Review | The Godmother

Posted on Posted in Fiction review, Reviews, RMIT Reviews

Title: The Godmother
Author: Hannelore Cayre (translated by Stephanie Smee)
Published: September 2018
Publisher: Black Inc.
Category: Crime fiction

 

 

 

Hannelore Cayre’s The Godmother, first published in France 2017 as La Daronne, is a uniquely absurd piece of crime fiction.

Review | The Godmother_Hannelore Cayre (translated by Stephanie Smee)

Famous in Europe for receiving the European Crime Fiction Prize – the Grand Prix de Littérature Policière – in 2017, this little book packs a large adventure, It’s hard not to get swept up in the genius of it.

The novel, told from the point of view of Patience Portefeux, explores her complex life, ranging from memories of her extravagant childhood to France’s criminal underground. Patience is a middle-aged and underpaid French-Arabic translator struggling to stay afloat, caught between the horrendous finances of her dying mother and the costs of providing a future for her daughters.

Translating phone conversations between drug dealers every day, Patience becomes attached to one family whose drug imports slowly expand and, as the police edge closer, she’s unable to stop herself and gets involved. When a failed drug bust leaves her in possession of a large amount of illegal substances, she uses the names and numbers of the drug dealers she has translated to insert herself into the world of drug crime. She becomes The Godmother, a woman not to be trifled with. What unfolds is a cleverly entertaining plot that has Patience in both roles, translating her own conversations and scrambling to stay one step ahead of everyone.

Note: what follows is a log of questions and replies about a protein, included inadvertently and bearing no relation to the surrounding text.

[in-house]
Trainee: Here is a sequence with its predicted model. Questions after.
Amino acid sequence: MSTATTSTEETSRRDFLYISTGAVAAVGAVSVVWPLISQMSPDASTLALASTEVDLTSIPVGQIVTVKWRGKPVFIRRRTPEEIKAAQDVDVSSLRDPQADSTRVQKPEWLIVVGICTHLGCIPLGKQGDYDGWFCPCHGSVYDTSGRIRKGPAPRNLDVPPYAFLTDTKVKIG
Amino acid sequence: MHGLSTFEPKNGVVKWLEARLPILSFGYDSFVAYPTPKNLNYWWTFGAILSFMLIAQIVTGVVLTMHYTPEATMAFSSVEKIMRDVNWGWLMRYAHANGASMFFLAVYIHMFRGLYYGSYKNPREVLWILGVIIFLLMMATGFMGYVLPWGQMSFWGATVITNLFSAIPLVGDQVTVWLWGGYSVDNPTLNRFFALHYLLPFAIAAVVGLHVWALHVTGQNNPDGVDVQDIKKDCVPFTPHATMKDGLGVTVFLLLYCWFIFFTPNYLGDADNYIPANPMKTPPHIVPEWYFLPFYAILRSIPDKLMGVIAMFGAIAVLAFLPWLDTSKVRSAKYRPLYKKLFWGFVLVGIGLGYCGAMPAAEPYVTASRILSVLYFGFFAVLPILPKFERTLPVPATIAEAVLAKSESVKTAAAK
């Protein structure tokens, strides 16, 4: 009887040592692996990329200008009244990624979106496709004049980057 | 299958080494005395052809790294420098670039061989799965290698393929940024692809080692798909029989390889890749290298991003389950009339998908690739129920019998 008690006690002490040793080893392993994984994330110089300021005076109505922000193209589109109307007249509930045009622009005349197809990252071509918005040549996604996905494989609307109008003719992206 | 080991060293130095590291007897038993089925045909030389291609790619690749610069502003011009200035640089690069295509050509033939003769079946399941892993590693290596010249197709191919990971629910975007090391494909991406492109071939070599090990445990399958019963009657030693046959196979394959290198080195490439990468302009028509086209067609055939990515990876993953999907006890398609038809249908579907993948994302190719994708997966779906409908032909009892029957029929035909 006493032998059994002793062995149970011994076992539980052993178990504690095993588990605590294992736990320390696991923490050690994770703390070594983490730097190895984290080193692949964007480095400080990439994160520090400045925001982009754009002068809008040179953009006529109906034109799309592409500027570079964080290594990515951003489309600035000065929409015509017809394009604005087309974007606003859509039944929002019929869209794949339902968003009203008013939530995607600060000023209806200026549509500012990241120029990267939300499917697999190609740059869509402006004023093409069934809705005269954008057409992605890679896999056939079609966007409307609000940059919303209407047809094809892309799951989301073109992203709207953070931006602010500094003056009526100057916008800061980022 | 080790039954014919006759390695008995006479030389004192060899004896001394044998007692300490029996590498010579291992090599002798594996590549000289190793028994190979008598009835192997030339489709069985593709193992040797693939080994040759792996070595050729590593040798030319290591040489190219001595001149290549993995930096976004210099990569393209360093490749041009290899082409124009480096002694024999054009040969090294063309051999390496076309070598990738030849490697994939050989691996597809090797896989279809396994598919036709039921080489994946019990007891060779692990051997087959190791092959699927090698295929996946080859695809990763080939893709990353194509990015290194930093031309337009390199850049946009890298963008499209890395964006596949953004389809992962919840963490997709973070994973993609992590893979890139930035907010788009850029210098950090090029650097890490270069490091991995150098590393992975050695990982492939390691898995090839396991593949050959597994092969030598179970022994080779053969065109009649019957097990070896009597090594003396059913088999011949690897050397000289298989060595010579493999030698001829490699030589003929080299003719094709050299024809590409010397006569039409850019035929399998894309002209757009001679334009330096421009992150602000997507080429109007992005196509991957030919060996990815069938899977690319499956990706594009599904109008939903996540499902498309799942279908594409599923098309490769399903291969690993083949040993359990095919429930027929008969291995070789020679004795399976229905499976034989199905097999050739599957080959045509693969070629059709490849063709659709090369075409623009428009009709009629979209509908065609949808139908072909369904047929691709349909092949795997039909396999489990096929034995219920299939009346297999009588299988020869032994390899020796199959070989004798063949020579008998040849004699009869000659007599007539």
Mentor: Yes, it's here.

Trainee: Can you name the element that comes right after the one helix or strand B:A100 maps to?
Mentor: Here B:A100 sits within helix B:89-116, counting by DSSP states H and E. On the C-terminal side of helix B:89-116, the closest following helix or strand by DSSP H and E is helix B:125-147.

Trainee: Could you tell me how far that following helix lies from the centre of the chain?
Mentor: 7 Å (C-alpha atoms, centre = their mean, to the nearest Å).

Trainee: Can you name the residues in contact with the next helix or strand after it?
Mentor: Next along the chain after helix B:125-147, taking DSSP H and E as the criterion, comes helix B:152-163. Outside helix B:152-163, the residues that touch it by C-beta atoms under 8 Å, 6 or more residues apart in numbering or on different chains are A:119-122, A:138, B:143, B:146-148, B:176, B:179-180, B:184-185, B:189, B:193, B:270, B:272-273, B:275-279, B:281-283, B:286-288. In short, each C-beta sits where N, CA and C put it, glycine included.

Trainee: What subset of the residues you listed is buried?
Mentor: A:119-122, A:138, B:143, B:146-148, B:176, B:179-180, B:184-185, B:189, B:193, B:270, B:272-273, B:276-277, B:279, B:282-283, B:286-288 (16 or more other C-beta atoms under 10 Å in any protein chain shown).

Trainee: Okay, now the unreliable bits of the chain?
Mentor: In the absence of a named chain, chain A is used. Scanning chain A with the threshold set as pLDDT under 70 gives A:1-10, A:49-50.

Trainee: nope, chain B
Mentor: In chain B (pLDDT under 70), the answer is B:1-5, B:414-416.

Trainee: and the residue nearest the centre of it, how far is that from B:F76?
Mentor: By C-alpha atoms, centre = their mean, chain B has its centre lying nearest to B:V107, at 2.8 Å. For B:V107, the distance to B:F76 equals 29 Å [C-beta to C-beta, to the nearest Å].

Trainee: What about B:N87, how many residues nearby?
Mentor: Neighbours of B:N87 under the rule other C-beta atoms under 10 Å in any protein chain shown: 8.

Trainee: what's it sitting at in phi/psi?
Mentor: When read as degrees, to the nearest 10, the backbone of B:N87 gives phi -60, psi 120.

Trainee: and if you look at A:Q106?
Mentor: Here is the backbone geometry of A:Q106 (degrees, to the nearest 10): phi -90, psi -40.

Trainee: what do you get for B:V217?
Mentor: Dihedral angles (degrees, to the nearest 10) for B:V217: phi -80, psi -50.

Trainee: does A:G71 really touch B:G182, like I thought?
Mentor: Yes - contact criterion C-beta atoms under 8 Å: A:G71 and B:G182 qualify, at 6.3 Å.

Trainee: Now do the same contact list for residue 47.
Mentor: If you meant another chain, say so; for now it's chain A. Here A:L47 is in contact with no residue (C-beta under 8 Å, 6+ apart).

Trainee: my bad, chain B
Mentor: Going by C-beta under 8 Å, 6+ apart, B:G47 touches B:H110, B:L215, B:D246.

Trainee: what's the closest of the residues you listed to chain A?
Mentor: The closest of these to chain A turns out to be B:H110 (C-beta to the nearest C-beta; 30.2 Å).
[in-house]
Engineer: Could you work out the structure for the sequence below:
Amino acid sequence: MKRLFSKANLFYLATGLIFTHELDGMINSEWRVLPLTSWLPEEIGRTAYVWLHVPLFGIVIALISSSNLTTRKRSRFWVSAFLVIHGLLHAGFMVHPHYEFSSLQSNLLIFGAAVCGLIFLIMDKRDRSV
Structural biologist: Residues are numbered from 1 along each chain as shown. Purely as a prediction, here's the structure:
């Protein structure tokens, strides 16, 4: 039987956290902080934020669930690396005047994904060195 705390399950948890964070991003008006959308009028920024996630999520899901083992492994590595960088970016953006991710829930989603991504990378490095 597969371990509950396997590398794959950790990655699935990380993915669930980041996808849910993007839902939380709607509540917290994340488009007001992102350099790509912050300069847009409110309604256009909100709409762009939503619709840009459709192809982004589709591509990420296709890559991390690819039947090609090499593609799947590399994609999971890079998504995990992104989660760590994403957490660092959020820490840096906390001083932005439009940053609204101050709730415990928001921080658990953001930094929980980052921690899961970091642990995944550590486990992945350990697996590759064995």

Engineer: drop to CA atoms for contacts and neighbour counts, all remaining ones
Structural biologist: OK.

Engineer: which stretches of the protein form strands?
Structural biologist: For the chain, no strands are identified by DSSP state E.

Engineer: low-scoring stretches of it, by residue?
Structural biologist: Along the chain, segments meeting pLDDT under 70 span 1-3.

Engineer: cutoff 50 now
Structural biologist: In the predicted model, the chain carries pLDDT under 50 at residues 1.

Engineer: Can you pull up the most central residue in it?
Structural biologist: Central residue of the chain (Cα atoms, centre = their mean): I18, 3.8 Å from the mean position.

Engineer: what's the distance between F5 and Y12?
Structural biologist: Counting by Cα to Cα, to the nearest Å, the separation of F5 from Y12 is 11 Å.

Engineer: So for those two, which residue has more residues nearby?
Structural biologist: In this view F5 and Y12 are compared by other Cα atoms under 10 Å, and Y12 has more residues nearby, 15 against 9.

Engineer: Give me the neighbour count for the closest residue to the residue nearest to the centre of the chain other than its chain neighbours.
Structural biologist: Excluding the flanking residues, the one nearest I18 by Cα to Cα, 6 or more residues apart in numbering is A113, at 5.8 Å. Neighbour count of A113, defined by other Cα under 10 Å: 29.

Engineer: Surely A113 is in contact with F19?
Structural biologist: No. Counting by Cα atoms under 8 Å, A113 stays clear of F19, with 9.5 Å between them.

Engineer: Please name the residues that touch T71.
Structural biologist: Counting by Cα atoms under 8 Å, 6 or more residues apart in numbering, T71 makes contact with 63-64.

With a witty narration and a sobering look at failing social systems, plus flashbacks into a completely different past, this book provides a compelling hook. Though slow to start, as it explores the backstory of her childhood and her parents’ lives, the second half absolutely makes up for it as readers are left constantly wondering how Patience will pull it all off.

As well as being an award-winning writer, screenwriter and director, Hannelore Cayre is a practicing criminal lawyer who understands the law and the ways people can break it. This knowledge is on show through the incredible scheme Patience cooks up to keep her herself ahead of the law.

This novel is darkly humorous and satisfyingly complicated, twisting through the world of traffickers, drug dealers, police officers and politics. The main character is as intriguing as they come, not a woman who wants much of anything but who's driven nevertheless, not by greed or wealth but by the simple desire to live on her own terms. Each and every one of her experiences with the people and world around her are unique and interesting.

The truth is there’s something about Patience in all of us. A woman who gets excited to put on a costume and become something she’s not, just to prove that she can. Who resolves to look after herself in the only way she knows how, because the system that decides right from wrong is clearly failing so many people. A woman who forges her own way in a world of men, without any help whatsoever. You don’t have to know the ins and outs of the crime genre to enjoy this book, after all, Patience is just getting into it herself.

Perhaps the strangest and best thing about this crime novel is that we follow the point of view of the criminal, and by the end of it we’re hoping for her to succeed.

Reviewed by Aleksandra Stapmanns, a student in RMIT University’s Associate Degree of Writing and Editing as part of the RMIT Reviews series.